So, in 2019, what if we, using our money and our time and talent, consciously dreamed and intentionally searched for more opportunities to serve our larger community of Laurens, the city and county, or expanded the backpack ministry(2) to reach more hungry children? What if service was our raison d’être, our reason to exist?

And here’s another “what if?”. What if we, the Epiphany, Laurens community, overnight, fell into the ground and we were swallowed up by the earth, would our city and county miss us? However you may answer, this I believe. Folks would miss us for they would miss the service we offer in Jesus’ name. And we always can do more.

So, in a word: How great do we want to be?

 
Footnotes:
(1) See Mark 8.27-32a (my emphases).
(2) Weekly, Epiphany Church, in communion with other Laurens’ churches, provides weekend take-home backpacks of foodstuffs for children of our local elementary school who otherwise would have little to eat.

3 thoughts on “Truest Greatness (Subtitle: What if?) A Stewardship Sermon

  1. WOW!! This is so powerful Paul!! I’m on a break at the Alz Summit, a program is all about serving our communities in the fight about Alzheimer’s Disease.

    In this fight it’s not about giving more money toward the problem (though that’s always welcome and encouraged)…. BUT it’s more about supporting each other and giving each other solutions for dealing with the emotional impact on families that this disease has.

    So thanks for this great take on your Stewardship sermon…. you want money to sustain the congregation & the building…. BUT you also want SERVICE which is soooooo important for our community well-being as well. We can’t do it alone and service to our communities is critical.

    This sermon is one of the reasons that I love you.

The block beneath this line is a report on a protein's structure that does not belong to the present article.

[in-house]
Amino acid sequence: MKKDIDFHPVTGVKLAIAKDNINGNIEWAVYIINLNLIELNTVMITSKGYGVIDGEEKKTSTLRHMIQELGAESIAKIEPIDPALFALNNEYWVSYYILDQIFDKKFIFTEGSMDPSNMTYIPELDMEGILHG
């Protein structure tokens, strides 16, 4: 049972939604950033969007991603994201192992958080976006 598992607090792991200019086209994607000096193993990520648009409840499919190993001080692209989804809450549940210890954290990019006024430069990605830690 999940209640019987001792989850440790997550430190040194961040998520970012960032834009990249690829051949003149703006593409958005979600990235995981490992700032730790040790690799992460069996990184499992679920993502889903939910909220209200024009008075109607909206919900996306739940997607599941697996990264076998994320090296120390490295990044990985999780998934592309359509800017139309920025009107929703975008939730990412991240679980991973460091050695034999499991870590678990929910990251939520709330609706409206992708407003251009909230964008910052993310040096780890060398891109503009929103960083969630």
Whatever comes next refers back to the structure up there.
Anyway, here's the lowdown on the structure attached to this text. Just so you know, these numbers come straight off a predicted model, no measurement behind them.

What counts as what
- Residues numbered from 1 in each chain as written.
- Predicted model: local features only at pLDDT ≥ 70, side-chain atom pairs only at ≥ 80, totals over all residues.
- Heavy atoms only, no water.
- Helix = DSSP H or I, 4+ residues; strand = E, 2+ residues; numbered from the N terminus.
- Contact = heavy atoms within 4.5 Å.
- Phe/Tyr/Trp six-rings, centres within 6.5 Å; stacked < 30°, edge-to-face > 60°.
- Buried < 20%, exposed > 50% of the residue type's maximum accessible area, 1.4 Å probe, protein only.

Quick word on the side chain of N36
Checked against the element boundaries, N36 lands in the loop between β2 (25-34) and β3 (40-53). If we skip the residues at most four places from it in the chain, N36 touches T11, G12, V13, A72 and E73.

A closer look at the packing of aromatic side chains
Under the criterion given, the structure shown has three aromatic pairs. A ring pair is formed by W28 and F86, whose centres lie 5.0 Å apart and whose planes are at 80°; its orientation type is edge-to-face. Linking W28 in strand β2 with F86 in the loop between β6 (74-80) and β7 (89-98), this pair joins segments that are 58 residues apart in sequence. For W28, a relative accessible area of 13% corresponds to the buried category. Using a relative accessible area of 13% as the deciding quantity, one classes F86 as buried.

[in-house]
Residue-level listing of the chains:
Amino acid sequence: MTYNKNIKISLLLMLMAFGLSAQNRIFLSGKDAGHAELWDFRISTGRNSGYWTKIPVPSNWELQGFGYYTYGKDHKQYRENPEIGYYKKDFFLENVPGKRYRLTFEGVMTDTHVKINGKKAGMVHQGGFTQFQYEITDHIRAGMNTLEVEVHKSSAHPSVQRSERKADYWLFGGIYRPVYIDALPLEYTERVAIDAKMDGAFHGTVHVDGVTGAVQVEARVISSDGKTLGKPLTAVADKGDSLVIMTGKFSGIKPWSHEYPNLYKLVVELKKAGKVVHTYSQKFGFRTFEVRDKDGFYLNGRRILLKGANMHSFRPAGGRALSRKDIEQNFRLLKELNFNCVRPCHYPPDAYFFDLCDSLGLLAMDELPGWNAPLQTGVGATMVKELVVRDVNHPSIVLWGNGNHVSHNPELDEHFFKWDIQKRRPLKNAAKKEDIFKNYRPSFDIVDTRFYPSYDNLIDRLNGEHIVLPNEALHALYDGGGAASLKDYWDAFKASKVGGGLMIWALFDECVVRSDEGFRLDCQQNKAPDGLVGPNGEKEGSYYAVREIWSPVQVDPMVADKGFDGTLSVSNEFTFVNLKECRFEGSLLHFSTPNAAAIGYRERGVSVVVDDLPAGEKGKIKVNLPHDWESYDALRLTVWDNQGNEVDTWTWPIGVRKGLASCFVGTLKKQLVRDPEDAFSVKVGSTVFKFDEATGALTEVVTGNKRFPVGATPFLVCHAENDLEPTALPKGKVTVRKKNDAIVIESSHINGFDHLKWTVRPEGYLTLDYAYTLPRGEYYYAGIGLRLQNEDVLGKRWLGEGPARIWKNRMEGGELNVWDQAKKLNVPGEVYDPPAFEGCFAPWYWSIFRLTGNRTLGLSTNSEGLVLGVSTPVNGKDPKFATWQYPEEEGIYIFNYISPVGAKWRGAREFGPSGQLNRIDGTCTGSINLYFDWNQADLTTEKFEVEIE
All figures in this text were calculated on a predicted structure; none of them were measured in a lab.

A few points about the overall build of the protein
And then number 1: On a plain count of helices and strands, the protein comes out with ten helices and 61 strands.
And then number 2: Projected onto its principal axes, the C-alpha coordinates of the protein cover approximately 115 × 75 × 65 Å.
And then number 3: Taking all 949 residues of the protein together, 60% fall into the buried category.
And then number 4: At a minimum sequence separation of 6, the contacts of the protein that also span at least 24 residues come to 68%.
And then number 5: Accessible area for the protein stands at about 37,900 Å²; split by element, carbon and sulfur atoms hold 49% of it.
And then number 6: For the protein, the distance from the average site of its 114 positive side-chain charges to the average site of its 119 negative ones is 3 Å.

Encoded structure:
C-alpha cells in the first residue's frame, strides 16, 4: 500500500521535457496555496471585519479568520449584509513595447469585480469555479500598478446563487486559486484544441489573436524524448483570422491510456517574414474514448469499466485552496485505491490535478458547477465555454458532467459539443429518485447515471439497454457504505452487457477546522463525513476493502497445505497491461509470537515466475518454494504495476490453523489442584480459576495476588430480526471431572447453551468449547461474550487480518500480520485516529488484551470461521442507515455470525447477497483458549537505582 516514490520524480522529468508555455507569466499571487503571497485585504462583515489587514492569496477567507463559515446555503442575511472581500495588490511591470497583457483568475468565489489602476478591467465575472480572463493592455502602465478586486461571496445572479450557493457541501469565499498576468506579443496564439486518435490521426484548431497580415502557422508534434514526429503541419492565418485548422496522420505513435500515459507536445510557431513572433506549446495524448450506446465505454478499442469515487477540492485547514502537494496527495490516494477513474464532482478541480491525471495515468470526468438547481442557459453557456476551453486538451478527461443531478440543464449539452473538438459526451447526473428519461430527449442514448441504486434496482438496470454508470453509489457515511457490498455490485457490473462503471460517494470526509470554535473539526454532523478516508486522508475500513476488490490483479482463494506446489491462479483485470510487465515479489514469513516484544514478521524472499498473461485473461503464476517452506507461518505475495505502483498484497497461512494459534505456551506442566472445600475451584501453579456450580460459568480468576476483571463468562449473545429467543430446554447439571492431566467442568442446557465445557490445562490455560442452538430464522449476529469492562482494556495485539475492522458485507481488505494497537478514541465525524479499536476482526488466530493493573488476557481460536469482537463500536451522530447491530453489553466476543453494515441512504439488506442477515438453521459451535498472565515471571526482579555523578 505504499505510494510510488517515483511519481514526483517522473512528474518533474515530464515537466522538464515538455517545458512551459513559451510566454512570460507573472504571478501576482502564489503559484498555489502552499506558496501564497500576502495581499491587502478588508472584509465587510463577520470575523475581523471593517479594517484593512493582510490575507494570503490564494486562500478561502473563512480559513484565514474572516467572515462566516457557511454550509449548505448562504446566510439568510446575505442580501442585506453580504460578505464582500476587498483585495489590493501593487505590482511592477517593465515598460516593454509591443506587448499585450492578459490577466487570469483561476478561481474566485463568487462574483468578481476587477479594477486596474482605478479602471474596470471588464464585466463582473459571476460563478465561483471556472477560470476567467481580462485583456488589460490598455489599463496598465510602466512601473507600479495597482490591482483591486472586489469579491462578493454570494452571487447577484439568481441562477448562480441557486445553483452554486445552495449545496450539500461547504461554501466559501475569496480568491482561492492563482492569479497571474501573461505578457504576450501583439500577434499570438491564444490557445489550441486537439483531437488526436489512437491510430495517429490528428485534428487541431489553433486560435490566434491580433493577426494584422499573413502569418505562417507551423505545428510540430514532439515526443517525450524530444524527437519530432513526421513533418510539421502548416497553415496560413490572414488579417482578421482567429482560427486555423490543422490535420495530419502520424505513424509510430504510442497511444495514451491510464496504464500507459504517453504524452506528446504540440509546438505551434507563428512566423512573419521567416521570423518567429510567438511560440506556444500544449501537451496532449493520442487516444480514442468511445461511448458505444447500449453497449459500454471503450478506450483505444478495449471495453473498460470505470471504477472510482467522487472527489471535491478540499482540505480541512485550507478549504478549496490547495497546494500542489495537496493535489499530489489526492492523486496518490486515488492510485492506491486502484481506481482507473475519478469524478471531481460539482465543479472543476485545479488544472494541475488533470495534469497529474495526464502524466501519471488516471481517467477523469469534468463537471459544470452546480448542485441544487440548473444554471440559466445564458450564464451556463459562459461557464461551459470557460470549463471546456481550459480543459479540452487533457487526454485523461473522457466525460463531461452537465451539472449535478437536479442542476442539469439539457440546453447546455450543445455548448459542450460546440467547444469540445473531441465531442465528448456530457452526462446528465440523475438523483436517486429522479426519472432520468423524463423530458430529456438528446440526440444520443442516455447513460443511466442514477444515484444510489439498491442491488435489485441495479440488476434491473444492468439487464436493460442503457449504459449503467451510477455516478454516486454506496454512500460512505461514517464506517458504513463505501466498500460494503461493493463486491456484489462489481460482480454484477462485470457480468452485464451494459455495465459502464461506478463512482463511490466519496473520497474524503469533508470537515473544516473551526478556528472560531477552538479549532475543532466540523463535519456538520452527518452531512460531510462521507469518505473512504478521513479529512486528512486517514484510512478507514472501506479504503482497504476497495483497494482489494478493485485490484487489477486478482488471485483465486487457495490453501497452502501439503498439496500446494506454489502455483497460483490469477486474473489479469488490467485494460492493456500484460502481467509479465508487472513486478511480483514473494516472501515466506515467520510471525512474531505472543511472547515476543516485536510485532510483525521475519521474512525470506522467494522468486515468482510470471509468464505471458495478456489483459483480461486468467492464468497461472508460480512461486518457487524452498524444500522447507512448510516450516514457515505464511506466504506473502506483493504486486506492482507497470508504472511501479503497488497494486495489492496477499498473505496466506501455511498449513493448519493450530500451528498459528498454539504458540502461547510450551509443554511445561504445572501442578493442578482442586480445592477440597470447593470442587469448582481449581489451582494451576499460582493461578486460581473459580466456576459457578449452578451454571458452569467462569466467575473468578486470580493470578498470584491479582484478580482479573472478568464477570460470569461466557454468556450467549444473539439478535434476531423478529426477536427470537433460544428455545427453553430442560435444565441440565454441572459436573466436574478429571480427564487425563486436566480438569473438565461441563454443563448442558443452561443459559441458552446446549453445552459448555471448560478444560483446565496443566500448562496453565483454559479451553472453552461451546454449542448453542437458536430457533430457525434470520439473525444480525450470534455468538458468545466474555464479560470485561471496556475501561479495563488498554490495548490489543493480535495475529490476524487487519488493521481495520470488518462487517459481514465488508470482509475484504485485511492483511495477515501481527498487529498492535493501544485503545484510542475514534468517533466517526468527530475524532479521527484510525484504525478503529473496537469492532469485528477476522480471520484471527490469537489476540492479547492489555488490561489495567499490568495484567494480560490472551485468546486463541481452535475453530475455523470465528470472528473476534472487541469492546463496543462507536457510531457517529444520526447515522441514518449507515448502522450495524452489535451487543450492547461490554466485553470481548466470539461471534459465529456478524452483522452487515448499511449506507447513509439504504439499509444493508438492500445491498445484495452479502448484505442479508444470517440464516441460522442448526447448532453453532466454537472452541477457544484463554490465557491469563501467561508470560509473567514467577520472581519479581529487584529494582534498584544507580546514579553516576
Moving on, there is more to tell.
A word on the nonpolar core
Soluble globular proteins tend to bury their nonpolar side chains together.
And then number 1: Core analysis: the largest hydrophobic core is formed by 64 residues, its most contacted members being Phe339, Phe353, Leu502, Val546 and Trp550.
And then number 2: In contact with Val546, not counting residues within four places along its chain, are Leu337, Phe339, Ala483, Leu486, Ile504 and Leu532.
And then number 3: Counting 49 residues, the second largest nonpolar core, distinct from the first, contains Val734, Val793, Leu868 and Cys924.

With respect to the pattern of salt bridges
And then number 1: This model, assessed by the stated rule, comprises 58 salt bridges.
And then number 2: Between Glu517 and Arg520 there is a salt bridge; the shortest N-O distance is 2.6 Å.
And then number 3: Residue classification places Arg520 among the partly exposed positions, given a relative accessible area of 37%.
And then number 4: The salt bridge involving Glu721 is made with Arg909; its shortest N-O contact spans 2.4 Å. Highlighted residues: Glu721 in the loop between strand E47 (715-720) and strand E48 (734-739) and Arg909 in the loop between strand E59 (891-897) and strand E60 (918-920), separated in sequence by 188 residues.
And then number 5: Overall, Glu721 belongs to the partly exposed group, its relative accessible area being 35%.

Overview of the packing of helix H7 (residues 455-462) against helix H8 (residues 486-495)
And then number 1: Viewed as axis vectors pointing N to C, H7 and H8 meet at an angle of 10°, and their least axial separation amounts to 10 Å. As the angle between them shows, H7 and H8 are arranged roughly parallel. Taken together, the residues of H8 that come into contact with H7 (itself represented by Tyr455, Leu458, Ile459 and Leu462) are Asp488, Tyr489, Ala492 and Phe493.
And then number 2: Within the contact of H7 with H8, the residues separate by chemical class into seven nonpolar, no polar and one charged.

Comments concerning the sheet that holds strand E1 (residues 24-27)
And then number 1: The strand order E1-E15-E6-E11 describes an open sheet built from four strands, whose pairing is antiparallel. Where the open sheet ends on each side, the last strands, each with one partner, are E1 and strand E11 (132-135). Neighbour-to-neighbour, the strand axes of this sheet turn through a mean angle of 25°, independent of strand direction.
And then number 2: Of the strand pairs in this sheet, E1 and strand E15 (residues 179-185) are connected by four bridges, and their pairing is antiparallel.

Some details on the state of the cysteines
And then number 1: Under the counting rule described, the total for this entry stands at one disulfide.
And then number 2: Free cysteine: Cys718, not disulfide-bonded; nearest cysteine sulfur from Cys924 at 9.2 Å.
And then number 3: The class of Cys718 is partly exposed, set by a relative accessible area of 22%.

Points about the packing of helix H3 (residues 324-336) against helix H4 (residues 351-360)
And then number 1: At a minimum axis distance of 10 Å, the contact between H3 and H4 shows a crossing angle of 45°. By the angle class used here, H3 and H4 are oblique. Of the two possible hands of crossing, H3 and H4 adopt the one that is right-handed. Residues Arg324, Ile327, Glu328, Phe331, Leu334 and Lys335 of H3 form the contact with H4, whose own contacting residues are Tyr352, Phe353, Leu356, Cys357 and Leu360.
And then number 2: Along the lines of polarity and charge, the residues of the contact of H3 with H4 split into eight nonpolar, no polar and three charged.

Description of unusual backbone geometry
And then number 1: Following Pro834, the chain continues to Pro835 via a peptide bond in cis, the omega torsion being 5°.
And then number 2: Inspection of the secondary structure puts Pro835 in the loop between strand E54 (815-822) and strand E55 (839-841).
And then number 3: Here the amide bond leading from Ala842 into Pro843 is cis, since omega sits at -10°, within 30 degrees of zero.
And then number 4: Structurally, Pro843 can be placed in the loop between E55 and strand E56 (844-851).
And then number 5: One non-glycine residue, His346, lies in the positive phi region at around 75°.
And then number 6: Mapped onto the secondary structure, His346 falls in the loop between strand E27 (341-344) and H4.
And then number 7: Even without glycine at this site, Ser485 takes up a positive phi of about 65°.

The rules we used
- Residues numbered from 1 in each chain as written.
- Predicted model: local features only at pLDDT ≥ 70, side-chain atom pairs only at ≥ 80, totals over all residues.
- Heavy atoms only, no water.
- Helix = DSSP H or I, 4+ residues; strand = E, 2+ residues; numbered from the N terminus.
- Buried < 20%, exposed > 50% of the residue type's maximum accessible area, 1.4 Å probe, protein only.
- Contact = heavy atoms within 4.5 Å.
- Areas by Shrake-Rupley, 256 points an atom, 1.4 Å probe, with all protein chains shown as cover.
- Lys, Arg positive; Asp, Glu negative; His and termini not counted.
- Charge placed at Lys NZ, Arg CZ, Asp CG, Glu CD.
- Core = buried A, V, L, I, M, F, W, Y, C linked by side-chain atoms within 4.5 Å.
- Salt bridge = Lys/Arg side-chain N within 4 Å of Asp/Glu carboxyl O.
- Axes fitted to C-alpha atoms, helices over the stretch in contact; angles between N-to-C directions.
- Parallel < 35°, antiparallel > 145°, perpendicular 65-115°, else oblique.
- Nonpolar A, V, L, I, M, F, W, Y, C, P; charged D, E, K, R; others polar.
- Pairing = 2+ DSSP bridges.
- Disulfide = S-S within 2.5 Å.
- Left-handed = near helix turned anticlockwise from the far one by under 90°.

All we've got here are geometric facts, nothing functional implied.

Liked by 1 person

  2. Loretta, as usual, as always, you touch on something, a point, a perspective that I consider immensely important, and, as usual, as always, you articulate it is a way that hadn’t occurred to me, yet, as I read your words, they resonate deeply within me. In this case, it is that fundamental connection (and tension) between money and action (or service).

    When I contemplate this relationship in the light (and shadow!) of the reality of dementia, yes, money is important, for we all cry out for a cure. However, we know, I think, that such a breakthrough will not come overnight. Indeed, through research and development, which the dollars fund, there most probably are and will be multiple breakthroughs along the way toward the hoped for cure. At the same time, indeed, always, there is the want, the need for the varied supports for and of and with those who, at various stages and in various ways – physicians and medical practitioners, care givers (whether professional or families and friends, and, undoubtedly all!) – walk with all afflicted with dementia through the days and nights, the weeks and months and days until death do us part. This service is a monumental undertaking, and, until a cure is discovered (and, perhaps, best said, cures, for there are many kinds and stages of dementia that one cure will not and cannot cure all), what you describe as “supporting each other and giving each other solutions for dealing with the emotional impact on families that this disease has,” grows larger in importance, verily, in essentiality as the days turn into weeks and the weeks turn into months and the months turn into years.

    My dearest sister, I thank you, I thank God for you and your stalwart witness! Carry on!

    Love

    Liked by 1 person

  3. Thanks PRA!!! I guess all of the emotion of this day really came out in my response to your sermon!! I LOVE that I can always give a perspective you hadn’t considered!!!

    Off to this evening’s dinner event!! More service and more support on tap for tonight!!

    Love!

    Like